When I have books on my shelf like J.R.R. Tolkien’s The Hobbit and The Lord of the Rings, I sometimes think it’s pointless to do a review because, by now, everyone has probably seen the movies if they haven’t read the books. But, I mean, I will do a review either way. Tolkien requires a lot of mental preparation before readers dig in and enjoy it to the fullest. If a reader expects to be able to breeze through this read and not invest time in learning about the world that Tolkien has created, they will not get far into the books.

Tolkien almost demands an emotional connection from a reader. He’s a demanding writer in the sense that he really wants you to believe in this world, the richness of it, the fullness. There are so many literature experts dedicated to demystifying Tolkien. This is one reason why I don’t really enjoy reviewing him. A short, one page review would not do it justice. The world he created is layered, so layered, as most people already know, that he created entire languages. A lot of inexperienced readers and film viewers could say that Peter Jackson outdid himself when he directed the adaptations, but I think he landed right on the sweet spot. In fact, I’m rather sure that The Hobbit getting an entire 3 movies was a low-blow for hardcore The Lord of the Rings fans because he really could have expanded so much more.

Anyway, this epic lands in the modern fantasy genre. Frodo’s got to destroy this blasted ring at the top of Mount Doom and a whole bunch of crazy shit happens in between. But – back it up a bit – the story doesn’t actually start with Frodo. The story starts with Bilbo, his great uncle, who, in a hobbit-savior move, goes with some Dwarfs to reclaim their kingdom from a Dragon. And, these are just the stories of the mortals, if you get really into Tolkien’s fantasy mythology, there’s a lot more including the lengthy history of the immortal elves. The Middle Earth world is a reader’s version of Minecraft, a totally emersive experience.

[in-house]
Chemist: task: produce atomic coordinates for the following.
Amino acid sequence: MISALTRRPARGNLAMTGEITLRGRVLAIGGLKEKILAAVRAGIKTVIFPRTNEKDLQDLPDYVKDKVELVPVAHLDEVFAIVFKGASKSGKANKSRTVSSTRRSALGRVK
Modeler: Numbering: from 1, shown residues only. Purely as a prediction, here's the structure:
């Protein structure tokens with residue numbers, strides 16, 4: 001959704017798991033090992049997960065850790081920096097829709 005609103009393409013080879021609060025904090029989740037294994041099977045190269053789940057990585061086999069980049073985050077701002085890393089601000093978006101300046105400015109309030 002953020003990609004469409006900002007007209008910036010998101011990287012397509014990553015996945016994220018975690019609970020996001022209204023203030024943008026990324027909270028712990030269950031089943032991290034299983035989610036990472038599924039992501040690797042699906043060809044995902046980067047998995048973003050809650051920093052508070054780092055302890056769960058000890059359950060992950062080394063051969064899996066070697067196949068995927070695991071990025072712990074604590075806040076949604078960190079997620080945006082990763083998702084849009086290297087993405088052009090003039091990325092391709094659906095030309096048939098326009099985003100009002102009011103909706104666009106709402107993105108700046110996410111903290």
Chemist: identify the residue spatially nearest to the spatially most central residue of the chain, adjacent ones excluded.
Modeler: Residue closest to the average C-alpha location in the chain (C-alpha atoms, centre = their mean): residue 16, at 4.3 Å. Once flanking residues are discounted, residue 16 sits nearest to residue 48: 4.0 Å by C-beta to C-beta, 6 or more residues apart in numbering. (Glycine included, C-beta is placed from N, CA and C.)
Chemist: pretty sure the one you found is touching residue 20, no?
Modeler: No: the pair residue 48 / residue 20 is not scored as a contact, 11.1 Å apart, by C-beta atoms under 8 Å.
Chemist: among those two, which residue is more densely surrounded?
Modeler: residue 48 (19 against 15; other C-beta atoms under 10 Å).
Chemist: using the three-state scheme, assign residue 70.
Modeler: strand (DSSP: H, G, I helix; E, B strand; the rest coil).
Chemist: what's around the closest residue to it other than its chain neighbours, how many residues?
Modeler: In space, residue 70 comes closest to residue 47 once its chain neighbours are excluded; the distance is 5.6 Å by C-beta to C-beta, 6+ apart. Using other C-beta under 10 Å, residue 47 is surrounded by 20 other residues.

Now that I made it seem like a super difficult read, it really isn’t that difficult to read. It’s prose is simple. The plot is complex. But, there really aren’t any words that a normal reader wouldn’t understand. And, the words that are not understood, I can almost guaranteed are part of the languages Tolkien created. It’s action packed. And, if Tolkien manages to get a reader emotionally invested, when he kills off a character, you will cry. Ugh! I’m having a Harry Potter Dobby flashback. In any case, read these and watch the movies, in either order, it doesn’t matter because Peter Jackson was perfectly matched to create these films. Lord knows what Amazon will give us with these new adaptations they’re trying make now, but I have a bad feeling about it. We’ll see.

Works Cited

Tolkien, J.R.R. The Hobbit and The Lord of the Rings. Ballantine Books: Del Rey, 2012.

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Lara Adrian’s Midnight Breed Series

Lara Adrian’s Midnight Breed Series is one of the longest book series that I’ve been a great fan of reading. I started with Anne Rice’s The Vampire Chronicles. Then, I moved on to reading Sherrilyn Kenyon’s The Dark-Hunter novels. I didn’t get too far into Kenyon’s work; she’s got so many books out! Also, there’s Lynsay Sands’ Argeneau Series. These are, in my opinion, must reads if readers enjoy the paranormal (romance) genre. The writing quality is good and consistent.